Instead of doing what most places would do if they felt their poorer populations would have trouble paying the water bill–start some kind of program that paid the water company, issue vouchers that would help pay water bills the way food stamps help pay for food–the city had just gone on its way acting as if none of th is was happening.

Customers were sent bills.  Customers ignored bills.  Water department ignored customers ignoring bills.

And nobody, anywhere, bothered to explain to the City of Detroit why this wasn’t going to be able to go on forever.

It’s one of those things that makes you stop dead and go:  no.  wait.  just a minute.

When the water department started terminating service to households who were not paying their bills, there were a lot of stories about how the city was terminating water service to poor people with unpaid bills, but not to businesses with unpaid bills.

This sounds like one of those Evil Corporations and the 1% get everything and you get screwed stories, except that in this case, so many employers have already left the city, and so many middle class taxpayers have gone with them, the city no longer has a tax base large enough to fund basic services.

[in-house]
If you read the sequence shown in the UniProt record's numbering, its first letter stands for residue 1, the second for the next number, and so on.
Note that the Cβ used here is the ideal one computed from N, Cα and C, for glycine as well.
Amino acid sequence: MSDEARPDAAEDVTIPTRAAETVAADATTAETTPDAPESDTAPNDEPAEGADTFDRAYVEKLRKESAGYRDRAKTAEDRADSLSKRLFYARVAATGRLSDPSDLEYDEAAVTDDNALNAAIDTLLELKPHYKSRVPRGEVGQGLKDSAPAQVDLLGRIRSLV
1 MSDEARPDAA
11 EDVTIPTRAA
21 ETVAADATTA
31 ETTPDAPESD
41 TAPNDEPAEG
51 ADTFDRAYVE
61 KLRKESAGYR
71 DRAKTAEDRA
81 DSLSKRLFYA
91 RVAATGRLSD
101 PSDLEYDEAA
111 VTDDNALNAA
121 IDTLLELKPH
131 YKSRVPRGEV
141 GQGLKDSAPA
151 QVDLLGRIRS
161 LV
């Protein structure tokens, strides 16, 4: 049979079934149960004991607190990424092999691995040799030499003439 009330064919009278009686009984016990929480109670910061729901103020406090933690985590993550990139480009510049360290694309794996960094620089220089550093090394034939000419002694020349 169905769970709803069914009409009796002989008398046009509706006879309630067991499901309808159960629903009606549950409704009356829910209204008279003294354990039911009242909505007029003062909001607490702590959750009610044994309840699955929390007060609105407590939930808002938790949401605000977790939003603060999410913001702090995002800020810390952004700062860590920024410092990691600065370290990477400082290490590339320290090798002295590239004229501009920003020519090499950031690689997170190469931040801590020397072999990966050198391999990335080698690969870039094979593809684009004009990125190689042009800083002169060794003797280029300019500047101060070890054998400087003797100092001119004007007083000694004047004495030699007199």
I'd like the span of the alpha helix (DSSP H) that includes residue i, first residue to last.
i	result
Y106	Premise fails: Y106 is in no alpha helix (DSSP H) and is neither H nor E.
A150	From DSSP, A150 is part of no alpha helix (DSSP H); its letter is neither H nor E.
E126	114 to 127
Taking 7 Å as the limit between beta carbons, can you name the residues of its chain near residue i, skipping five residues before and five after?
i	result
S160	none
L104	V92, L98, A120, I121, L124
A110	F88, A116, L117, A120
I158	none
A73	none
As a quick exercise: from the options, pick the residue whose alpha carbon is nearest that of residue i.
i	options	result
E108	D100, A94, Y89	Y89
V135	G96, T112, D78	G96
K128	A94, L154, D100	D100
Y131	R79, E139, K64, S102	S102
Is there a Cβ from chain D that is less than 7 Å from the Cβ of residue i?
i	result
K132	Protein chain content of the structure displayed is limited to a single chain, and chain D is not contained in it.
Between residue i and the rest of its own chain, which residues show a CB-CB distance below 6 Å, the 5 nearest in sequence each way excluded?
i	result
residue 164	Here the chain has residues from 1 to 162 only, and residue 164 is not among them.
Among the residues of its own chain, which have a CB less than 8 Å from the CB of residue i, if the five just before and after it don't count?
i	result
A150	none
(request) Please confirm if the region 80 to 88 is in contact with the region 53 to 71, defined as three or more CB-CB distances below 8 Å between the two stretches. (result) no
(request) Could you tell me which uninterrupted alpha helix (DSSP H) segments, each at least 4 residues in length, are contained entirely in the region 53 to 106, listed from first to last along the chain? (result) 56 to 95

It doesn’t want to see any more of these people go where their neighbors have gone.

If Detroit has any chance at all of getting itself out of this mess, it’s going to have to keep the businesses it has and bring a lot more in.

Personally, I don’t think Detroit is going to get itself out of this mess. 

I think it’s going to collapse where it stands.  In another ten years, I think there is going to be nothing left but abandoned buildings and vacant lots returned to some kind of quasi-natural state.

And then–then, I don’t know.

Maybe Detroit can adopt Shelley’s “Ozymandias” as its official poem.

 

Written by janeh

August 9th, 2014 at 9:43 am

Posted in Uncategorized

4 Responses to 'Motor City Masochistic'

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  1. Stray comments:

    The usual band of (American definition) liberals claim that Detroit would be fine if it could annex every suburb in sight so there was no way to flee. Presumably after a while they’d be kept from moving to Indiana too. Preventing escape is very important to liberals.

    As I understand it there are or were until fairly recently about as many police and firemen as you’d expect for the population. The problem is that since the population is spread over such a large area for the number of inhabitants they usually arrive too late. There was a proposal a few years back to legally abandon much of the city and concentrate the population and city services to get back up to a more normal population density, but the supply of politicians prepared to inflict short-term disruption for long-term benefit is a bit limited–probably because the voters want their problems fixed without being inconvenienced.